The last thing she imagines is that she’ll be ready to open her heart again. But will fate – and perhaps a sprinkle of Christmas magic – change her mind?

Review

Christmas, it can either be fabulous or can have a pang of sadness, if someone has broken your heart and that’s what happens to Bo. She vows never to fall in love again. This, however is a sparkly feel-good book, so it doesn’t end there. There’s food to feast your eyes on at her Boatyard Cafe and music from her band, which brings a bit of Christmas cheer and the atmosphere, despite of that, is divine. There’s some seasonal eccentricity with Madame Odette telling her fortunes, although they are met by some cynicism by Bo and her friends. Romance is also of course in the air and the setting in Cornwall is beautiful, in this story, which has all the magical Christmas ingredients stirred together and baked just right. It’s a bit Christmas movie like in many ways. It is cosy and lovely for pure escapism as you prepare for Christmas.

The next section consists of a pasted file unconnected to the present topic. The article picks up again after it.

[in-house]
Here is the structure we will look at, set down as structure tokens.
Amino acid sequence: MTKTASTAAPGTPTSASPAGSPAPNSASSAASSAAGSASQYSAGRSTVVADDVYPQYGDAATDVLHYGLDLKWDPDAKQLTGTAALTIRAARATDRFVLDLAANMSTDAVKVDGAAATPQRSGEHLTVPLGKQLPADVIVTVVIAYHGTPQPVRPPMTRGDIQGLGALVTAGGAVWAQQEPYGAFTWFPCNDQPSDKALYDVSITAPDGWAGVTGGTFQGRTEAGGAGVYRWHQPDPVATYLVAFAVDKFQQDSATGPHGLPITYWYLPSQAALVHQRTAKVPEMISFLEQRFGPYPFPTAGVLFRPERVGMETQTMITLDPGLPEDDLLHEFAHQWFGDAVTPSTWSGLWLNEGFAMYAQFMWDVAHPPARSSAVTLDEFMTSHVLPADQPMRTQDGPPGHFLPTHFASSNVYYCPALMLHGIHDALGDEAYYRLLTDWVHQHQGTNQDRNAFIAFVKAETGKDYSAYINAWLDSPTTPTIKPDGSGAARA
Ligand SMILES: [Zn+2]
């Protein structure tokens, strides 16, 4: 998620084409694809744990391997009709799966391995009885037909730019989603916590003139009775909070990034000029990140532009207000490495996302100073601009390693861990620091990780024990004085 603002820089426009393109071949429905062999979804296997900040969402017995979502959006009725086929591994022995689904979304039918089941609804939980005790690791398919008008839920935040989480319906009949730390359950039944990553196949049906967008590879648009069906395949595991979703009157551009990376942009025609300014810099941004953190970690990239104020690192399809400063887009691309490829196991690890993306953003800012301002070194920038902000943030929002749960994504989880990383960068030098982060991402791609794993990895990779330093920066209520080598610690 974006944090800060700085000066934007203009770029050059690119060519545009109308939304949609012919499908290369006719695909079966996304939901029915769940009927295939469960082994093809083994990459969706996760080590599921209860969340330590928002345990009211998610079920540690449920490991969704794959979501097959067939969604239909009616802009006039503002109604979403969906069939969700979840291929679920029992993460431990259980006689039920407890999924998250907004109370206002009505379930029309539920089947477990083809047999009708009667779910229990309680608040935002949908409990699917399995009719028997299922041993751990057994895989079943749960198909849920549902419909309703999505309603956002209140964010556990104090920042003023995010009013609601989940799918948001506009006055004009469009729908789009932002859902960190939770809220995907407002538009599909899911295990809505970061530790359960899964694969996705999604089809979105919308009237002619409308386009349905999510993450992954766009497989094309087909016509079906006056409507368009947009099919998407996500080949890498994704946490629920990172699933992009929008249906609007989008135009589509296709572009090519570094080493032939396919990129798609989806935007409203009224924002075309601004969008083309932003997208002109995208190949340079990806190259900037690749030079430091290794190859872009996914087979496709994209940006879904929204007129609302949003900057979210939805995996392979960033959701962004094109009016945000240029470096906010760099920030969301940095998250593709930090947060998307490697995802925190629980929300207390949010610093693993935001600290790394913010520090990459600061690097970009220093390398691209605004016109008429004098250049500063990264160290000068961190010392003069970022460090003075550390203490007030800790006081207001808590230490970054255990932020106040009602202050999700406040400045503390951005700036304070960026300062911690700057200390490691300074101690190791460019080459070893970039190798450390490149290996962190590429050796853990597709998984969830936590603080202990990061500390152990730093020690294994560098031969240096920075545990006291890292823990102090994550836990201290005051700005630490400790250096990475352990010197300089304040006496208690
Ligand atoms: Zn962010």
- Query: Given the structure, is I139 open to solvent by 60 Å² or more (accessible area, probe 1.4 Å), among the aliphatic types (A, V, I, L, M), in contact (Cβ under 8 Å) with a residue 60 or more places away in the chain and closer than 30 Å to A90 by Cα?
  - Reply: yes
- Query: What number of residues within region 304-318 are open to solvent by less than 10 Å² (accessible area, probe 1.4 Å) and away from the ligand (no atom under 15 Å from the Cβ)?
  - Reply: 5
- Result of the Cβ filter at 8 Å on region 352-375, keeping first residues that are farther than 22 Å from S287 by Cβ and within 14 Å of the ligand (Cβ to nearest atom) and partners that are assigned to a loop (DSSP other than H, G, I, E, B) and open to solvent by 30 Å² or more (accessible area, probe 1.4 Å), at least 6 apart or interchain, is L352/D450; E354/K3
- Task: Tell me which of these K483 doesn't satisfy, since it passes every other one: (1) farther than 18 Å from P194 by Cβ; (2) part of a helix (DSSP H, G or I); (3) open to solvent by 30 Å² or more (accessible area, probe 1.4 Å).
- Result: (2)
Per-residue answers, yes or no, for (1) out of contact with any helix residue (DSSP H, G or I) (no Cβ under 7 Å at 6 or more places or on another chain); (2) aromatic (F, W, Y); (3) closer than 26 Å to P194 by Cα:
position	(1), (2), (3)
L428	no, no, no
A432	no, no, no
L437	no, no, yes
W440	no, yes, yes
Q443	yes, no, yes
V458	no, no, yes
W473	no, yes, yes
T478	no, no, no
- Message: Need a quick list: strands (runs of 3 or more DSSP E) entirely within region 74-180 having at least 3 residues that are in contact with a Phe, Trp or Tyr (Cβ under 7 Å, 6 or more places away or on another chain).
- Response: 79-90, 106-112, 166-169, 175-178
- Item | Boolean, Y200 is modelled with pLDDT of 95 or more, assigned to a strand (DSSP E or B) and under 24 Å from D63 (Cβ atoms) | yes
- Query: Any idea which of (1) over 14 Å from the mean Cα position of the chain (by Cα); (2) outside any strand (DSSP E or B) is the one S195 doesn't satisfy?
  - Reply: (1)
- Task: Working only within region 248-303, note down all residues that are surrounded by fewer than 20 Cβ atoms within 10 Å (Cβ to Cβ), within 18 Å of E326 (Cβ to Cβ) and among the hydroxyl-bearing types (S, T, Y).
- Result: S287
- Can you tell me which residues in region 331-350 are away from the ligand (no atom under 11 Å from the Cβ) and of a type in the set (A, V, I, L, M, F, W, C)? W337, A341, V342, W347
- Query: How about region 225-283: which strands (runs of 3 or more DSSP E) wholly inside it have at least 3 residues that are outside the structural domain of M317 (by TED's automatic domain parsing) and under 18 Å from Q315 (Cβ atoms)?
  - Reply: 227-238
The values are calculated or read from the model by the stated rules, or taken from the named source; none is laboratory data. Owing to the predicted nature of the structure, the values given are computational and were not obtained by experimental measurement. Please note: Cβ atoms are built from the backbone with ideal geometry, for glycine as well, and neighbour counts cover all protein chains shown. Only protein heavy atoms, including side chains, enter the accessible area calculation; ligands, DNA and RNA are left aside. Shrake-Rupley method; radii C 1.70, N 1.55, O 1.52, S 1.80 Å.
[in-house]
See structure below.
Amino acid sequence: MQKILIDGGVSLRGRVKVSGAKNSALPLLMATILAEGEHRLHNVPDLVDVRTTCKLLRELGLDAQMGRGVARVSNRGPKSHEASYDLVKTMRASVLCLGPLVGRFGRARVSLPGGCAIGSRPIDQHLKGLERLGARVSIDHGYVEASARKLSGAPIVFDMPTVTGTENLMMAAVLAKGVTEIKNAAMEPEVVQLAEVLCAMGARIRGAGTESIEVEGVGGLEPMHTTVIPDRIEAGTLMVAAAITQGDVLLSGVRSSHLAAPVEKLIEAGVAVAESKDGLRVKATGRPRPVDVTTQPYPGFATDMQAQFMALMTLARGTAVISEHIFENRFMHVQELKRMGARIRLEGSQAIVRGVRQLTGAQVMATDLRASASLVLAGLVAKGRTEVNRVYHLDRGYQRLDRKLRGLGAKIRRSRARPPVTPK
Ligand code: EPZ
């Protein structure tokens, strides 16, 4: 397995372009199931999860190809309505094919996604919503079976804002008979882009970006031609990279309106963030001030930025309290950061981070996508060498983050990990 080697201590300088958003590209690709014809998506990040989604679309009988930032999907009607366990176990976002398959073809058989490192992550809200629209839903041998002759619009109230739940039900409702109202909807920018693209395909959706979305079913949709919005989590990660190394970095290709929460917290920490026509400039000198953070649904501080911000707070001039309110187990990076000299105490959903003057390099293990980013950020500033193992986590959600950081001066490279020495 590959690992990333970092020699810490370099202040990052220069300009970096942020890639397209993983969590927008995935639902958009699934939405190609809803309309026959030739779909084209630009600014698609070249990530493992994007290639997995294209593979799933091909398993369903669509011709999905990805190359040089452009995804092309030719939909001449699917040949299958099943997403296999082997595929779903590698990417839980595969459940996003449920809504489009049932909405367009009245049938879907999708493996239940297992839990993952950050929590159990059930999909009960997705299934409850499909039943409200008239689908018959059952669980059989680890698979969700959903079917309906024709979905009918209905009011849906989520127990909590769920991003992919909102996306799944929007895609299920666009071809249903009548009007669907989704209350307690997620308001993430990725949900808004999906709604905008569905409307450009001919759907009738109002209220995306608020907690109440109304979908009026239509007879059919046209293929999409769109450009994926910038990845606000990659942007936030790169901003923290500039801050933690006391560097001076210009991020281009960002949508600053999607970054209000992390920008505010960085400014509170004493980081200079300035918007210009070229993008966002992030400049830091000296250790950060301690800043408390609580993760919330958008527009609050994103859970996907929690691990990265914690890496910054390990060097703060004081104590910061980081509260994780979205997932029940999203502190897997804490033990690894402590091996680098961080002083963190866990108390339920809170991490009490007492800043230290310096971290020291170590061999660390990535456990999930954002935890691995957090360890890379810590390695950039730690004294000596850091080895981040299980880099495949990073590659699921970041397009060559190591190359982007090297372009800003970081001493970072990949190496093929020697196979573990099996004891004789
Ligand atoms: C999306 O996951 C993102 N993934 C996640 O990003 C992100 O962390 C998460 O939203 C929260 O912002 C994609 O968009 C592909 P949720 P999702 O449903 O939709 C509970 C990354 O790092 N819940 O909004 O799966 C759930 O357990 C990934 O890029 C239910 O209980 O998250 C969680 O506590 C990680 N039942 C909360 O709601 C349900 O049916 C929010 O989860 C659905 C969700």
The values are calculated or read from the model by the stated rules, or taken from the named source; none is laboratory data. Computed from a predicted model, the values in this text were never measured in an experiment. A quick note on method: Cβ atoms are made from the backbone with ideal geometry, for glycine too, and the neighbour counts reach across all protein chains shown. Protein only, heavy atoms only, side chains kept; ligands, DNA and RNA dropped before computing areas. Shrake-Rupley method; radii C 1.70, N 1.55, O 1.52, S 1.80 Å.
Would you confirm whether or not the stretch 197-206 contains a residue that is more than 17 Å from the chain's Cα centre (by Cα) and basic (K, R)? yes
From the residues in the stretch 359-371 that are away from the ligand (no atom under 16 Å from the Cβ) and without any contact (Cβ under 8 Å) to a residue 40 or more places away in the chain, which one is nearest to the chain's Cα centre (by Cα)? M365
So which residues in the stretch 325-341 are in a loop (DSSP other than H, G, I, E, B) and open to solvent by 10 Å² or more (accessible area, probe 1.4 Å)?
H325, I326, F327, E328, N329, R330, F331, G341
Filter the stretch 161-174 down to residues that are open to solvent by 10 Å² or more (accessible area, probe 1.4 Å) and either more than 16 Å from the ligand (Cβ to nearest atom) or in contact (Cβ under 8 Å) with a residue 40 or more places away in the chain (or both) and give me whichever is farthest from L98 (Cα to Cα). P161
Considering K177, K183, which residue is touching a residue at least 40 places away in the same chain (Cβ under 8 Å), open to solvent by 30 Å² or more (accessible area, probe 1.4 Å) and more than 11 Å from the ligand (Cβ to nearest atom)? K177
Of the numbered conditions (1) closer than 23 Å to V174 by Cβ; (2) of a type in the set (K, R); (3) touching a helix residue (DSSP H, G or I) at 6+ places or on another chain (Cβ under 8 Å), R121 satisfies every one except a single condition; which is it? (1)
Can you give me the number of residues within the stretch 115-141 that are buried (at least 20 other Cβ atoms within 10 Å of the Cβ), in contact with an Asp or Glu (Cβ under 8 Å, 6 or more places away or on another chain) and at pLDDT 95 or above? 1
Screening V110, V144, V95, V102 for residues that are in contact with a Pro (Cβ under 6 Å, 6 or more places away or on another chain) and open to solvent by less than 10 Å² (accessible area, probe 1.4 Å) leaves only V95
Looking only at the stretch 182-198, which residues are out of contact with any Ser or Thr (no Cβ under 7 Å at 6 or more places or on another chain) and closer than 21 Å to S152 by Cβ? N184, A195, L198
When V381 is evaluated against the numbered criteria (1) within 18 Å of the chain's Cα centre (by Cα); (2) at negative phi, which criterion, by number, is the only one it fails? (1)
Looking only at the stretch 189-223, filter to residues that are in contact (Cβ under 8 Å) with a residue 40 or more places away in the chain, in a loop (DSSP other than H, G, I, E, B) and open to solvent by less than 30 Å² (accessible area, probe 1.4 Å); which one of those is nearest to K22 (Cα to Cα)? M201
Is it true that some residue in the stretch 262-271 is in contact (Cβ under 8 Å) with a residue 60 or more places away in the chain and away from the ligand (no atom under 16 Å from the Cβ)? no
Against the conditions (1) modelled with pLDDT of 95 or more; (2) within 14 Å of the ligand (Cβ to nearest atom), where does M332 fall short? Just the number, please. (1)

#Review By Lou of Woman In The Middle By Milly Johnson #bookreview @MillyJohnson @SimonSchusterUK #TeamBATC @ed_pr #WomanInTheMiddle

The Woman In The Middle
By Milly Johnson

Rating: 4 out of 5.

Moving with a personal feel to it is what Milly Johnson brings to her latest book – Woman In The Middle. It’s got a bit of a different feel from other books I’ve read and that’s still okay in this pleasant read that delves so much into family life. Thanks to Books And The City at Simon & Schuster for gifting.